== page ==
The world of youth baseball and those who love the sport saw a sad day with the death of John Young, the founder of Reviving Baseball in Inner Cities (RBI). Young died Sunday at the age of 67. Young played professional baseball for the Detroit Tigers in the early 1970s. He was also one of the few Blacks who worked in the front office and in the national scouting field. Young noticed the significant decline of Blacks in the sport and the decline of Black draftees during the 1986 MLB draft. He presented a report that showed that the Major League Baseball organization should and could be doing more to bring in more Black participation in the sport. MLB Commissioner Peter Ueberroth agreed and soon John Young founded RBI with a grant of $50K from the MLB.
In 1989, Young organized 12 teams consisting of 180 participants between the ages of 13 and 14 across southern California. RBI provided young children in underserved and diverse communities the chance to play baseball and softball. The organization received the support of enthusiastic players such as Darryl Strawberry and Eric Davis, who donated time and money to the effort. The organization expanded across the country and into Canada, the Caribbean and South America. MLB took over operation of RBI as the program grew in popularity and scope. MLB Commissioner Rob Manfred said in a statement:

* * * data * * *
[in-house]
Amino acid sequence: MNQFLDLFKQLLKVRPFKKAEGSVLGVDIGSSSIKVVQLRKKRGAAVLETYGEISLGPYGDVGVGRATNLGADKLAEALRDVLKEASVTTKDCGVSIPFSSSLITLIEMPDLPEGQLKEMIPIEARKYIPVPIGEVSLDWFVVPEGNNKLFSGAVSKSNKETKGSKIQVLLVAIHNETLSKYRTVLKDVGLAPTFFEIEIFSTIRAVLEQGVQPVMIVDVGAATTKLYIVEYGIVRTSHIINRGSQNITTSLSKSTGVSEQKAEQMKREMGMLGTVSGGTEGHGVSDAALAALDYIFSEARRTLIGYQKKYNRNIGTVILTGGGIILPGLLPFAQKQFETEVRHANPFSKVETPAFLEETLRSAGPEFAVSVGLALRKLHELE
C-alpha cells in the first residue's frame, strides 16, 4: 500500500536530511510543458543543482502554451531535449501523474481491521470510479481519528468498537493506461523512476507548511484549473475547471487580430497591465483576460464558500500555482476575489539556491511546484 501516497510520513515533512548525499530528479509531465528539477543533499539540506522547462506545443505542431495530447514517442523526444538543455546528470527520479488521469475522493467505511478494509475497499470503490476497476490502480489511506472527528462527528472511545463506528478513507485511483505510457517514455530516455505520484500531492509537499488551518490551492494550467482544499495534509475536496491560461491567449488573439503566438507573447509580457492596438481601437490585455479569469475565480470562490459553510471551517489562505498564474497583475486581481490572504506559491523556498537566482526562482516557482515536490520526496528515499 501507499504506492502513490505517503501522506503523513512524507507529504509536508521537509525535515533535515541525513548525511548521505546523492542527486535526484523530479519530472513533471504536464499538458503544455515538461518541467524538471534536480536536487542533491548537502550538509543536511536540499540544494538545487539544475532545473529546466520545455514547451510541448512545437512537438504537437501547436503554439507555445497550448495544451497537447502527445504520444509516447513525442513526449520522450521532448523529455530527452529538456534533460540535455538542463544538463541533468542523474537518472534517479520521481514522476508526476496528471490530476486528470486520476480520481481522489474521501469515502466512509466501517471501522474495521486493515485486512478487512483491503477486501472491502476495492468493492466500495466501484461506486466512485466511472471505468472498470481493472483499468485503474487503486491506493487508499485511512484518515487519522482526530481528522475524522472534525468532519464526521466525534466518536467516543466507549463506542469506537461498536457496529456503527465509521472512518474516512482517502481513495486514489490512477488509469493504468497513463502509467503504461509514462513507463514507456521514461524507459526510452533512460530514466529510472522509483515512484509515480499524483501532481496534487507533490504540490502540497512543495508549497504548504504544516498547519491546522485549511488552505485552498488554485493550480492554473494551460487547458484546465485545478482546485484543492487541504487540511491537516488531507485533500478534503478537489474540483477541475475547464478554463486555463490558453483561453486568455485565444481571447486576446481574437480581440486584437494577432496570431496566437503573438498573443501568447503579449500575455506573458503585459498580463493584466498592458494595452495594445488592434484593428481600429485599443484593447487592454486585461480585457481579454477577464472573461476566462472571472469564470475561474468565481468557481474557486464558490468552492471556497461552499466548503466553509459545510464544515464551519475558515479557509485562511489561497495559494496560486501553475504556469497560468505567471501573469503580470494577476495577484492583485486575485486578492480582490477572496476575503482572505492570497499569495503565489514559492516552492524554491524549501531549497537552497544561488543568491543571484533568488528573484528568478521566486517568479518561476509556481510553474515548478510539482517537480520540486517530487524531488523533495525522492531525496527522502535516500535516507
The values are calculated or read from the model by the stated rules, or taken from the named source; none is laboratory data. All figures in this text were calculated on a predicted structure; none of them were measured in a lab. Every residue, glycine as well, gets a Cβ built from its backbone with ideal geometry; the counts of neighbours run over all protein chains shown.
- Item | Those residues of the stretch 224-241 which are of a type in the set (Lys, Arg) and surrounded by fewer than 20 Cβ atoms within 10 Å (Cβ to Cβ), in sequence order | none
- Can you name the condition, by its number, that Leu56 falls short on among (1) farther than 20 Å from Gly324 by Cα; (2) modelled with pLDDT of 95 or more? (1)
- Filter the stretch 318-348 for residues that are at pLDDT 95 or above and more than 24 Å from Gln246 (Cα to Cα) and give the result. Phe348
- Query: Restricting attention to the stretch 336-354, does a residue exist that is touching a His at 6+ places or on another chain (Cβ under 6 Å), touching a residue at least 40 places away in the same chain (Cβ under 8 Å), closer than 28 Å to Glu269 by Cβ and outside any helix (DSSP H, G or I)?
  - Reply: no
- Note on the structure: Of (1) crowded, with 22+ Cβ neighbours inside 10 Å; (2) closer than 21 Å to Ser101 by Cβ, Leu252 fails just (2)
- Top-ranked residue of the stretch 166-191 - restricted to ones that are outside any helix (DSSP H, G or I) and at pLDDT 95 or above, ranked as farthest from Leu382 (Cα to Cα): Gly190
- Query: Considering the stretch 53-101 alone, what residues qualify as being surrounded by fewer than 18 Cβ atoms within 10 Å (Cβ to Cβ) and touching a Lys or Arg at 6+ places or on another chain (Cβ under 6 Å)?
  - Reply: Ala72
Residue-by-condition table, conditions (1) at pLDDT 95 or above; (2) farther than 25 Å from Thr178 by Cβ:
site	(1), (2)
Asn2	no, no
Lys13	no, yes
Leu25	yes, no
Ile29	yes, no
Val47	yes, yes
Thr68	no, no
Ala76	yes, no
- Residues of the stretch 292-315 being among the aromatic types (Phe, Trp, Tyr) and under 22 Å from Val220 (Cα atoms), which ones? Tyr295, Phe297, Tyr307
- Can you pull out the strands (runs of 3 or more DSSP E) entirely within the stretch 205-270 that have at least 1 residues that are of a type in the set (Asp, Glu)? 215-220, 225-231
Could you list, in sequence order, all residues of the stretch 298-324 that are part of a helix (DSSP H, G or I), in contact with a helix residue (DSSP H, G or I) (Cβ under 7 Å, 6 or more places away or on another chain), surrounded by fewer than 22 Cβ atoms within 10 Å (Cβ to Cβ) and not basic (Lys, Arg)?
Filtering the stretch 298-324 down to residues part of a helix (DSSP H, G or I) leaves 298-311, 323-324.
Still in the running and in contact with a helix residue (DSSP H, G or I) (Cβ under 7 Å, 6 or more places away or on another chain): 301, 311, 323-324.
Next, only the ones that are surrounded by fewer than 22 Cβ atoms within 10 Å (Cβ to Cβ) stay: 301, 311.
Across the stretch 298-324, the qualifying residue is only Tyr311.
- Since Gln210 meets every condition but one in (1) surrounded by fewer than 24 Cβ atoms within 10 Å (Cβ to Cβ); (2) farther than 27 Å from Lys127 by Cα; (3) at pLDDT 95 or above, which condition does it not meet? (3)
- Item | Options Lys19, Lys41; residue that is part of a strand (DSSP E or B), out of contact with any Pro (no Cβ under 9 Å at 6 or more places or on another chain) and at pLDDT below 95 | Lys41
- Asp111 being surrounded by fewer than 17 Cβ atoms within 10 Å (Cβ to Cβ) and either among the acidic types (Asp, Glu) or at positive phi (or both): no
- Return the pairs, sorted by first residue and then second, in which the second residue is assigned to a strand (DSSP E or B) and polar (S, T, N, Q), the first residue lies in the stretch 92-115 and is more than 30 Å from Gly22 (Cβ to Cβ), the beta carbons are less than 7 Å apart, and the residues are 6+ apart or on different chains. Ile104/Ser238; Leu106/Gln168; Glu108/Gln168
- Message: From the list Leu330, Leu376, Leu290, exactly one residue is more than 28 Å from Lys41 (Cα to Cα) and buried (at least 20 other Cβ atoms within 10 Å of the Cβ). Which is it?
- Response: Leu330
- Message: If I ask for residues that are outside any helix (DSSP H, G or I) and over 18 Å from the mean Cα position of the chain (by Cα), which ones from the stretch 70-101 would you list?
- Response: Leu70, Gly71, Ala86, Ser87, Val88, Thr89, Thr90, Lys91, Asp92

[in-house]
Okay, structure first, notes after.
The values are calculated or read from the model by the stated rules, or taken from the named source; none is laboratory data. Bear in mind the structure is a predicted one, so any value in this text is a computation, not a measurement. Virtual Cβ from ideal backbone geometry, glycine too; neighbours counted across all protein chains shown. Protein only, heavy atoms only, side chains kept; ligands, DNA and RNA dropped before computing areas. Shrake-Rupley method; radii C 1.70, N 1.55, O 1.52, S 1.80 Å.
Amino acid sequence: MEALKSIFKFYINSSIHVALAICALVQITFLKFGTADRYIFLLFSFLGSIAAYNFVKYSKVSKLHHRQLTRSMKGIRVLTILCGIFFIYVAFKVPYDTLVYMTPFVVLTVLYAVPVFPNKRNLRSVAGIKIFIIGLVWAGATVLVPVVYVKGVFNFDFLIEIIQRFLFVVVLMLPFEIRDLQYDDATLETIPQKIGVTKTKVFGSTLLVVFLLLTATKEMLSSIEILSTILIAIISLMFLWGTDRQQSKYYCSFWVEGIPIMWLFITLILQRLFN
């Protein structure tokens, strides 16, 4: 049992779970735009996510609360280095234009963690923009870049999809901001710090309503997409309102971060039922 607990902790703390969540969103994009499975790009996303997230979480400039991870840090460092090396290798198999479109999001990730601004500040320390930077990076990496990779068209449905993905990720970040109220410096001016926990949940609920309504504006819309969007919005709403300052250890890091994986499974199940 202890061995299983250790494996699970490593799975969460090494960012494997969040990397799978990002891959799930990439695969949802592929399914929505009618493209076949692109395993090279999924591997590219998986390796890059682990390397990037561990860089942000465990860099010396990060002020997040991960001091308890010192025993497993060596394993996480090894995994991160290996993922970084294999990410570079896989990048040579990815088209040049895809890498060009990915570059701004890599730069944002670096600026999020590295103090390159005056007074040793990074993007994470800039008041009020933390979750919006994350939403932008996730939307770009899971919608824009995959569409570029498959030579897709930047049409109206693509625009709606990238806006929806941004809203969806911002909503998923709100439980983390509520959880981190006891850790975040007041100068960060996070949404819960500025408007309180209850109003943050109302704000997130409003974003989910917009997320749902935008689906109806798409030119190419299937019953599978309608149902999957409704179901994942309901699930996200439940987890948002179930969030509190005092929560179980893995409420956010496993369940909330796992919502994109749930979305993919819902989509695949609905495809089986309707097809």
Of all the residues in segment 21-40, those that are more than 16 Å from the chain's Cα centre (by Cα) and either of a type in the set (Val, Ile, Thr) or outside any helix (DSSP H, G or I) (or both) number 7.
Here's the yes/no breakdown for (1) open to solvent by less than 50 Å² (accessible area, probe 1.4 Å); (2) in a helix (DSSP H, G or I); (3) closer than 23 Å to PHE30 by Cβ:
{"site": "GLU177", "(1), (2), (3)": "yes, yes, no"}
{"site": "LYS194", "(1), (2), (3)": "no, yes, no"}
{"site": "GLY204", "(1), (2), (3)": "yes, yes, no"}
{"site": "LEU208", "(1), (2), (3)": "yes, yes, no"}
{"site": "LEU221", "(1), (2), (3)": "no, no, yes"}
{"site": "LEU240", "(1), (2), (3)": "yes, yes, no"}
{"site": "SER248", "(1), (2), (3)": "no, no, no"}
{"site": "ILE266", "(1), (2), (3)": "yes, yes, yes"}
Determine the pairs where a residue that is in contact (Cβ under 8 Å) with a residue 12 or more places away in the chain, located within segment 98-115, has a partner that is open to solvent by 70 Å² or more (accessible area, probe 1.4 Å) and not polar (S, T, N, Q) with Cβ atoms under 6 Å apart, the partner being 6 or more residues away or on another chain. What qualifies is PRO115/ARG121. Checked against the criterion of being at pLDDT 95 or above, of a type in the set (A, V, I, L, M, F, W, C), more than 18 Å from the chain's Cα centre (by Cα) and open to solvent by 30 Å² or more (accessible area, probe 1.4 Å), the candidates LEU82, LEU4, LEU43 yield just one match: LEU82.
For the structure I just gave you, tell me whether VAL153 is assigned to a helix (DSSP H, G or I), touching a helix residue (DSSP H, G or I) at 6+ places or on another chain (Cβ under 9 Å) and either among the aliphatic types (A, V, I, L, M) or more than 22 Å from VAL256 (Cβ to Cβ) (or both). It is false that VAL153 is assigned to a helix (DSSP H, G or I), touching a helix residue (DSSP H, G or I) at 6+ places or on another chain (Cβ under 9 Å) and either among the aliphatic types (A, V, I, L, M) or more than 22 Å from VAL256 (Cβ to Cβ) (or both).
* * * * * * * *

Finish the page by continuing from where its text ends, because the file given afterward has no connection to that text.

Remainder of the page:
“All of us at Major League Baseball are saddened by the loss of John Young, a trailblazer and champion of both professional and youth baseball. Following a championship collegiate baseball career (at Chapman College) and a Minor and Major League playing career that spanned from 1969 through 1978, John became the first African-American director of scouting when he was hired by the Detroit Tigers in 1981. He went on to scout for several clubs, including the Marlins, Rangers, Padres and Cubs, signing 21 future Major Leaguers to their first professional contracts. His “most enduring accomplishment,” though, was founding the RBI (Reviving Baseball in Inner Cities) program.”
RBI has a direct impact in baseball with notable alumni that include professional players CC Sabathia, Jimmy Rollins, Coco Crisp, James Loney, Carl Crawford, B. J. Upton, Justin Upton, Julio Borbon, Efren Navarro, Ricky Romero, Yovani Gallardo, Chris Young, James McDonald and many others.